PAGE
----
Gallery: ‘Reimagining the Waterfront’ Contest Winner Proposes a Venice-...

Architecture student Joseph Wood has been chosen as the first place winner for Civitas’ innovative contest, “Reimagining the Waterfront.” The design competition asked architects and designers of all ages to redesign the East River waterfront to create a more vibrant and accessible public space. This contest focused on the stretch from 60th to 125th Streets in Harlem, and the winning ideas present some unique and thought-provoking solutions for the crumbling area.

Wood’s winning entry transformed the East River into a Venice-inspired getaway. Lanes of canals, with floating gondolas and wooden pathways link Midtown with the Upper East Side and into Harlem. Waterway inlets would connect the East River to land, offering a whole new method of transportation and urban adventure. Daredevils could kayak along Hell Gate, while pedestrians could wander the water-surrounded promenade, catching a unique view of the city and waterfront.

Wood’s plan also infuses a blast of greenery into the East Side, hosting a series of plant levels that would help filter stormwater from the East River to the canal inlets. The self sustaining system would bring fresh air and a new park like setting to the area.

Second place winner Takuma Ono imagined the crumbling current esplanade as a center for a new marine ecosystem to thrive.  Cascading over the water’s edge, a system of boardwalks would welcome pedestrians for serene views, and allow researchers to maintain and care for the marine life below.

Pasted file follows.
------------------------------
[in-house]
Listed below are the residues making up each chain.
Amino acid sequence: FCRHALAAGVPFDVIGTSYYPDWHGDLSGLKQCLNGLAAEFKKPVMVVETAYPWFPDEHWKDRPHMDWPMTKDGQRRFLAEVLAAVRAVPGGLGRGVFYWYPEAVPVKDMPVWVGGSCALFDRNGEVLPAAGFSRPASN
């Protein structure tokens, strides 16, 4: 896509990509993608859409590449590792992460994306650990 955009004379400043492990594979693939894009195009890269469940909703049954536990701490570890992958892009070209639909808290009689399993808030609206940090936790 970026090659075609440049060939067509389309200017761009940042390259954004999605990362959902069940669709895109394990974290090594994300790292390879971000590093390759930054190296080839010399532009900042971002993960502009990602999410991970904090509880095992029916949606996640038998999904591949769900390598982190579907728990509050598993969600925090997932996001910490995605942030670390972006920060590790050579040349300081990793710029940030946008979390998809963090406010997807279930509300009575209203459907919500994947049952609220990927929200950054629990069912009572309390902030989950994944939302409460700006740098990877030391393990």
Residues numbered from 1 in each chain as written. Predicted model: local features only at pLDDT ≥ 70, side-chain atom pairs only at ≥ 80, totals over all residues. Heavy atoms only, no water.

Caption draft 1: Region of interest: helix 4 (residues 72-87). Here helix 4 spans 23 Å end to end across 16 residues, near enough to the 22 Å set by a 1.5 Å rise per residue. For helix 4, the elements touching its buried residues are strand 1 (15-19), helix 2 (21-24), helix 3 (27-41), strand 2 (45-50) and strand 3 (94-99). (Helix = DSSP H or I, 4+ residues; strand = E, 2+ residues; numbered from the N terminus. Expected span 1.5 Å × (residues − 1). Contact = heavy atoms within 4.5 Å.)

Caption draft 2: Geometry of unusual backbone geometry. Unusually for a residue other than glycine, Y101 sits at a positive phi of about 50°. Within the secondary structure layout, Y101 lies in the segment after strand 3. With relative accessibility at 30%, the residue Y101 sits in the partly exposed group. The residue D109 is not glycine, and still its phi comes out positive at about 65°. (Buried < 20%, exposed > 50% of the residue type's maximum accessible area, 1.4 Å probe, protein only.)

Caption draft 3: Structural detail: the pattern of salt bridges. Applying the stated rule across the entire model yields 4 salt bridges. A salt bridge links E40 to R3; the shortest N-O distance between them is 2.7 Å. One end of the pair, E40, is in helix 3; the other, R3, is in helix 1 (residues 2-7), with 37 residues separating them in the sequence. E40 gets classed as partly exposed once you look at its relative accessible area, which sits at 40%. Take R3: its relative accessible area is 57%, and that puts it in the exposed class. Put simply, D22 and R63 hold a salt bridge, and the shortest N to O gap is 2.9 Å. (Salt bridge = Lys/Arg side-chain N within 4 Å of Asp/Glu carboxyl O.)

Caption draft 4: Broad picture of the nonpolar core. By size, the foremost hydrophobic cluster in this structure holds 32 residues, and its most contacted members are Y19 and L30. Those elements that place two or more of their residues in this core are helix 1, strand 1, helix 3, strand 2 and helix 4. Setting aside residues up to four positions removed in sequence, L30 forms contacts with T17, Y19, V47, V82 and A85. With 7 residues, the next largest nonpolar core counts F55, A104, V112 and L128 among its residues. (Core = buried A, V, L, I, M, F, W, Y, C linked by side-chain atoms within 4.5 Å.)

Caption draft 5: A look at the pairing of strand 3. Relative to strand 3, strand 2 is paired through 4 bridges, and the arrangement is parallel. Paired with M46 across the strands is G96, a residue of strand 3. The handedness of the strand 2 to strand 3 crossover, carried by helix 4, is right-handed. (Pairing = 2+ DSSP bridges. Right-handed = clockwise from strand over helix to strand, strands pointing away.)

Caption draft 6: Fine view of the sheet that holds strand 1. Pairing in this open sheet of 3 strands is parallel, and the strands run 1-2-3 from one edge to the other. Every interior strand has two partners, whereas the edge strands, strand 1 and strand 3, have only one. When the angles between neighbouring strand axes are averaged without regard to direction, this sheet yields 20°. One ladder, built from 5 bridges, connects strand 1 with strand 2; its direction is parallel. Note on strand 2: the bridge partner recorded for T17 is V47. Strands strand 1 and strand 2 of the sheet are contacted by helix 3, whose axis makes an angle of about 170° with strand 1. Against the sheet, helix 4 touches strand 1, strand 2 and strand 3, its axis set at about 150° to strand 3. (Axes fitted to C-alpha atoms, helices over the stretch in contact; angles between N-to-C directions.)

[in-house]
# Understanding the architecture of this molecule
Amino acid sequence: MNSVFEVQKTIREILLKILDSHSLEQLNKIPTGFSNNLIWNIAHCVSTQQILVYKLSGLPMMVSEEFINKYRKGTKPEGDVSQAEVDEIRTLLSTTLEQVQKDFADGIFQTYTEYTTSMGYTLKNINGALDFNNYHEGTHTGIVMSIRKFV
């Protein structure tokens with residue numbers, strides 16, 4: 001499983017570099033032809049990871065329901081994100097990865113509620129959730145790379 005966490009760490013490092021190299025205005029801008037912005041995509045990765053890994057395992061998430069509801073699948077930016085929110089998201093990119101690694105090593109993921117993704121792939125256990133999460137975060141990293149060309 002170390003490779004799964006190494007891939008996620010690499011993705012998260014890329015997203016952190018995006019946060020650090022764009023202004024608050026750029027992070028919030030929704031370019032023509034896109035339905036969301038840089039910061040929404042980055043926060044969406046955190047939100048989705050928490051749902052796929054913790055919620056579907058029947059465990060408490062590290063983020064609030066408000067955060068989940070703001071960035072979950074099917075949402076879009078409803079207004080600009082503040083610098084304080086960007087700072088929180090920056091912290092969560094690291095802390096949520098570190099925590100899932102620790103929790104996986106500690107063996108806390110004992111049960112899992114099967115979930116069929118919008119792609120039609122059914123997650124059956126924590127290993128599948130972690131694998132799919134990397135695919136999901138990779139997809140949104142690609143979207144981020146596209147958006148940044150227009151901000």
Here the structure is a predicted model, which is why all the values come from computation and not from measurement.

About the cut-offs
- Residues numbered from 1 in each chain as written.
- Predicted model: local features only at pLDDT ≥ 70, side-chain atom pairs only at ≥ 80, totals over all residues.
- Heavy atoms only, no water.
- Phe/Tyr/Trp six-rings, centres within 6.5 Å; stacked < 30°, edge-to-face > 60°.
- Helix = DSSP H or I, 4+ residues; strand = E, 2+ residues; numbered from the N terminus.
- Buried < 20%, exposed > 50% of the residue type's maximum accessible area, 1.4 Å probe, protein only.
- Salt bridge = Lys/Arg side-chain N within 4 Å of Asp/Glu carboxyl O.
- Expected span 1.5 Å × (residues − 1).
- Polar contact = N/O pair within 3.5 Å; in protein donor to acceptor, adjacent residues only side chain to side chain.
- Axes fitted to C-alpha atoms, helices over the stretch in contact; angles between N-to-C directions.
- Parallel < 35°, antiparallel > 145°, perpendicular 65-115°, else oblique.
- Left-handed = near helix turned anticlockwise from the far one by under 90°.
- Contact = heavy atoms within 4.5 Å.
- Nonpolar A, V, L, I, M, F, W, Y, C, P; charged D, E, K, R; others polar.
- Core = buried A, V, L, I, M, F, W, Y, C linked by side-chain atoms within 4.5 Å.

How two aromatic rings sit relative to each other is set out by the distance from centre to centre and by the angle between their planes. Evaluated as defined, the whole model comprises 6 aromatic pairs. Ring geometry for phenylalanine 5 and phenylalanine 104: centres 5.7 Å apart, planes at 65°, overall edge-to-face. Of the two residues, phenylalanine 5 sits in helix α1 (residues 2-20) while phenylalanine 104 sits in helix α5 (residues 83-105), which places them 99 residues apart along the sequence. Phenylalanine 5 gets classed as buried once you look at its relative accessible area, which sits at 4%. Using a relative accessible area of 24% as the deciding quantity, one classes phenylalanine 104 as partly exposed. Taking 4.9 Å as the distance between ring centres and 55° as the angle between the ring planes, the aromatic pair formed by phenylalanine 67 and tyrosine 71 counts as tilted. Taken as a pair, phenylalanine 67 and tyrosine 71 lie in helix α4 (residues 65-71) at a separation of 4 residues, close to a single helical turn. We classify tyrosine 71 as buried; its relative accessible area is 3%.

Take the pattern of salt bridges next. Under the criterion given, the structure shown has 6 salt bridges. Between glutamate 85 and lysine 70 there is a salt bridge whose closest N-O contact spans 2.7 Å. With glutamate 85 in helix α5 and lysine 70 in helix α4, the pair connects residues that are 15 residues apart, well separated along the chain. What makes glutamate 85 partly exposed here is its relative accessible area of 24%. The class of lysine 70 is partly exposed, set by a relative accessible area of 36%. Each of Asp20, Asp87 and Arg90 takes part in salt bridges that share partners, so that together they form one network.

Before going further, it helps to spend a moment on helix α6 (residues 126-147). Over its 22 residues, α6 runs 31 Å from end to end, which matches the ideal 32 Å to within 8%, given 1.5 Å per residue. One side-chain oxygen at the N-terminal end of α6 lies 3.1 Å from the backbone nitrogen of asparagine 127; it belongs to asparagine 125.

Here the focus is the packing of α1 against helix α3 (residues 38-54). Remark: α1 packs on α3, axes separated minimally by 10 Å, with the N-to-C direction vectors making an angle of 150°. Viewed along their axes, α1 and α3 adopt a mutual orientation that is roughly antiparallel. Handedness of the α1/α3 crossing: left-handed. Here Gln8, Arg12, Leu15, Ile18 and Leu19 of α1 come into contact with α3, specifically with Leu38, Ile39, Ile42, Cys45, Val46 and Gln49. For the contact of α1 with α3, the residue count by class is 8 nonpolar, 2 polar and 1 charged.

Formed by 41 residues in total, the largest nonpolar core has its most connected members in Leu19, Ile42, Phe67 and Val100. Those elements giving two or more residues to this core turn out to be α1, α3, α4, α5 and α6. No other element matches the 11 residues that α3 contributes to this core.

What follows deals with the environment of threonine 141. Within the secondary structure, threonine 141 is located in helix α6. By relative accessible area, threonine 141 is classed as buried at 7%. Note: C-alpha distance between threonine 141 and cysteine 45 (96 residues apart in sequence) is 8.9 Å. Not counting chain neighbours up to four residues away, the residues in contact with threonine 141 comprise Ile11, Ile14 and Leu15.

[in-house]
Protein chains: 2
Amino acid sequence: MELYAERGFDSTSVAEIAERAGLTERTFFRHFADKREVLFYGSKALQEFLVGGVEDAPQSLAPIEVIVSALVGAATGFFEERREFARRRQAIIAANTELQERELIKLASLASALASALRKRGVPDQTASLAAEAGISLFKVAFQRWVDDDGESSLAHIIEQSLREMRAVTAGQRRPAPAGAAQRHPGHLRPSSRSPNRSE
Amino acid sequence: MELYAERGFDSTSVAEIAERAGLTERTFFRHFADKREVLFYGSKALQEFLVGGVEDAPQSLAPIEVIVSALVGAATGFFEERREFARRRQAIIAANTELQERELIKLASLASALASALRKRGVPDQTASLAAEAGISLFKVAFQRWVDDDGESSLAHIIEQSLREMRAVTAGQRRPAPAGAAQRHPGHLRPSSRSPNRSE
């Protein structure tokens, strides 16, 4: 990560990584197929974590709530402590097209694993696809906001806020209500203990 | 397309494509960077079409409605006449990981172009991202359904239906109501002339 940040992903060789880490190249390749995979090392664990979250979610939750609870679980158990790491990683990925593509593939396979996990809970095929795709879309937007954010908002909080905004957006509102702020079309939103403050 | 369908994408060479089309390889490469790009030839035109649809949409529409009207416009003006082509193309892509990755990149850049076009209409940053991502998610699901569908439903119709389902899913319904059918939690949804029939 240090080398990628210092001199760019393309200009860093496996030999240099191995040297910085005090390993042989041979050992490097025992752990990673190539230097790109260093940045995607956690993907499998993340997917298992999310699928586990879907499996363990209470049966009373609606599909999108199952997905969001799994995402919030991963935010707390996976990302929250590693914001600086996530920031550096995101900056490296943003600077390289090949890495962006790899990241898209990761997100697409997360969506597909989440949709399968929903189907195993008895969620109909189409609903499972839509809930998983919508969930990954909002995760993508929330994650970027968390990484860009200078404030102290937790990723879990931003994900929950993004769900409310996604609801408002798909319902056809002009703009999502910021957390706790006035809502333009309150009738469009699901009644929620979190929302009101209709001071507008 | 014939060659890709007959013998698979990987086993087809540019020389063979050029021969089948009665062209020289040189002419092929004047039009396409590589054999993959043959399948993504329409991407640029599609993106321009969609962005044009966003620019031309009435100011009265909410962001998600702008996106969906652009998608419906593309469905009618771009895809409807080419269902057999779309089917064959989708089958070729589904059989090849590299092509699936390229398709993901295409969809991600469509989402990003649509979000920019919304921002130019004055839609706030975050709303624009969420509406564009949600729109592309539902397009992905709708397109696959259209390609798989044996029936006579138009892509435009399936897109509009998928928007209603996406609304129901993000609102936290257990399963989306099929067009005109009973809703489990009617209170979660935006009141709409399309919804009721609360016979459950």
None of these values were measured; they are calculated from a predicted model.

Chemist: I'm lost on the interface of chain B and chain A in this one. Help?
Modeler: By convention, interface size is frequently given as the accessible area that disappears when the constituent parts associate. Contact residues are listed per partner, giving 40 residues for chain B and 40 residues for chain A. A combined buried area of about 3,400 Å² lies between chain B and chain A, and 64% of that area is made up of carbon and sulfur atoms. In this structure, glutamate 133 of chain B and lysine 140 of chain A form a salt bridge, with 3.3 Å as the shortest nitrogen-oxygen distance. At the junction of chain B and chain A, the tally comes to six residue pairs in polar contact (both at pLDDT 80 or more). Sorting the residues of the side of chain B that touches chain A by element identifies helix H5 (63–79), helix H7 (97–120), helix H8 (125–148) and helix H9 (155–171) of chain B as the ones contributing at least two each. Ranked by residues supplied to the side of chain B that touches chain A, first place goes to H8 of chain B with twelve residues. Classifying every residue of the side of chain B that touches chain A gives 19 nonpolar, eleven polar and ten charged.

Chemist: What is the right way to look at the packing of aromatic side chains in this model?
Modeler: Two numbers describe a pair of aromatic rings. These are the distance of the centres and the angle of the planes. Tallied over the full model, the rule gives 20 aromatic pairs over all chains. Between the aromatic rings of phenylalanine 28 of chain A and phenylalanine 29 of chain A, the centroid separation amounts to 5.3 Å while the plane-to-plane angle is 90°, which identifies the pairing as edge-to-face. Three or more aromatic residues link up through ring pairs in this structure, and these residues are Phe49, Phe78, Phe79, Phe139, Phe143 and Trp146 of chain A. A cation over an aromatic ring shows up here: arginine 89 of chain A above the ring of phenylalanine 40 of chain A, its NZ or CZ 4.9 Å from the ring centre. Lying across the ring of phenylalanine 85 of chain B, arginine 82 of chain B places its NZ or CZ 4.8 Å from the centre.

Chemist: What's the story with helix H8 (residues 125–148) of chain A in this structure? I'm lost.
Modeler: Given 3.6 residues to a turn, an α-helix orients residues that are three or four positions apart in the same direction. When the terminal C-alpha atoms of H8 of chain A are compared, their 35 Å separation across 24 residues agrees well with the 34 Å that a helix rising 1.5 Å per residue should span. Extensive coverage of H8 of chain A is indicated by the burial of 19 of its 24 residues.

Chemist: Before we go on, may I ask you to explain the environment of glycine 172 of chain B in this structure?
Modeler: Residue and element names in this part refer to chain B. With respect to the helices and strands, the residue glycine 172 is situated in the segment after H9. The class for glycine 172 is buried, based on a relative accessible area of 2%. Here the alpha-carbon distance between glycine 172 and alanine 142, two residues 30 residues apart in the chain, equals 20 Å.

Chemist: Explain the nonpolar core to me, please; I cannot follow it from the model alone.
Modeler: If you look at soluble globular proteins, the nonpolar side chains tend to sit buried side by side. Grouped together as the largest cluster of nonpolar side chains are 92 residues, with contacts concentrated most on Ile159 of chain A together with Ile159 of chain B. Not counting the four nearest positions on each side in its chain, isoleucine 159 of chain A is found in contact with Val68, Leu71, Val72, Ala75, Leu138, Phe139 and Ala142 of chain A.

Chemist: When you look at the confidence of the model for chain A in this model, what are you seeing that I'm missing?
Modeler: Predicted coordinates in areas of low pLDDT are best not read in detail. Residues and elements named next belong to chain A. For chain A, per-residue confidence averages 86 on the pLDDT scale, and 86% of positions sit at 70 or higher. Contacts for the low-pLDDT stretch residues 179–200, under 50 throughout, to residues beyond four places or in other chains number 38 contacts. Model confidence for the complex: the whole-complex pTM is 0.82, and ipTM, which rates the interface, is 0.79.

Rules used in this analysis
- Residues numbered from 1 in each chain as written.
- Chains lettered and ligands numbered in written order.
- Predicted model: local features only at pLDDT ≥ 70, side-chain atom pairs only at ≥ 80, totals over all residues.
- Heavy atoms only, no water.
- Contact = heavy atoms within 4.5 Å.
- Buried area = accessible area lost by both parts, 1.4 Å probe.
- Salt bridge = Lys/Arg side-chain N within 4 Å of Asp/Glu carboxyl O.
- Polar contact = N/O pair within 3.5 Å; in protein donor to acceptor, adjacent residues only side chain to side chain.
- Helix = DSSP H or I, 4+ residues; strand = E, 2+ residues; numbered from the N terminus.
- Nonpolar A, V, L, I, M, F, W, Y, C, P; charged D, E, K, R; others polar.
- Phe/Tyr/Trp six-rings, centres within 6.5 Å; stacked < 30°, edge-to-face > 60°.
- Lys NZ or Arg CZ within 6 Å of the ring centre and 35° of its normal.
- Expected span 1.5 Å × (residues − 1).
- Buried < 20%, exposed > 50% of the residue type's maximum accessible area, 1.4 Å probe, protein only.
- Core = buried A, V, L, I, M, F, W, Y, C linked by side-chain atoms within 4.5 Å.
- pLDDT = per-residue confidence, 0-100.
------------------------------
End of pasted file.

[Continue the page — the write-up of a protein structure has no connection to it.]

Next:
Matteo Rossetti’s vision, the third place design, enlisted the help of the community, asking interested members to provide their personal suggestions and interests for the area. Each of the winners and honorable mentions will be on display at the Museum of the City of New York all summer, beginning June 6th.

Via Arch Paper


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1 Comment

  1. Russell Higgins June 13, 2013 at 9:54 pm

    Great idea
    To reduce impact on the river some of the more far flung elements might even be on piers or floating.
    This “constructed” shoreline would do much to recreate the shore edge we’ve lost in urban areas without impacting on the already built, and heavily utilized urban environment from the bulkhead inland.
    BRAVO everyone, and special kudos to the winner.
    Let’s hope a part of it makes it to a demo project at least.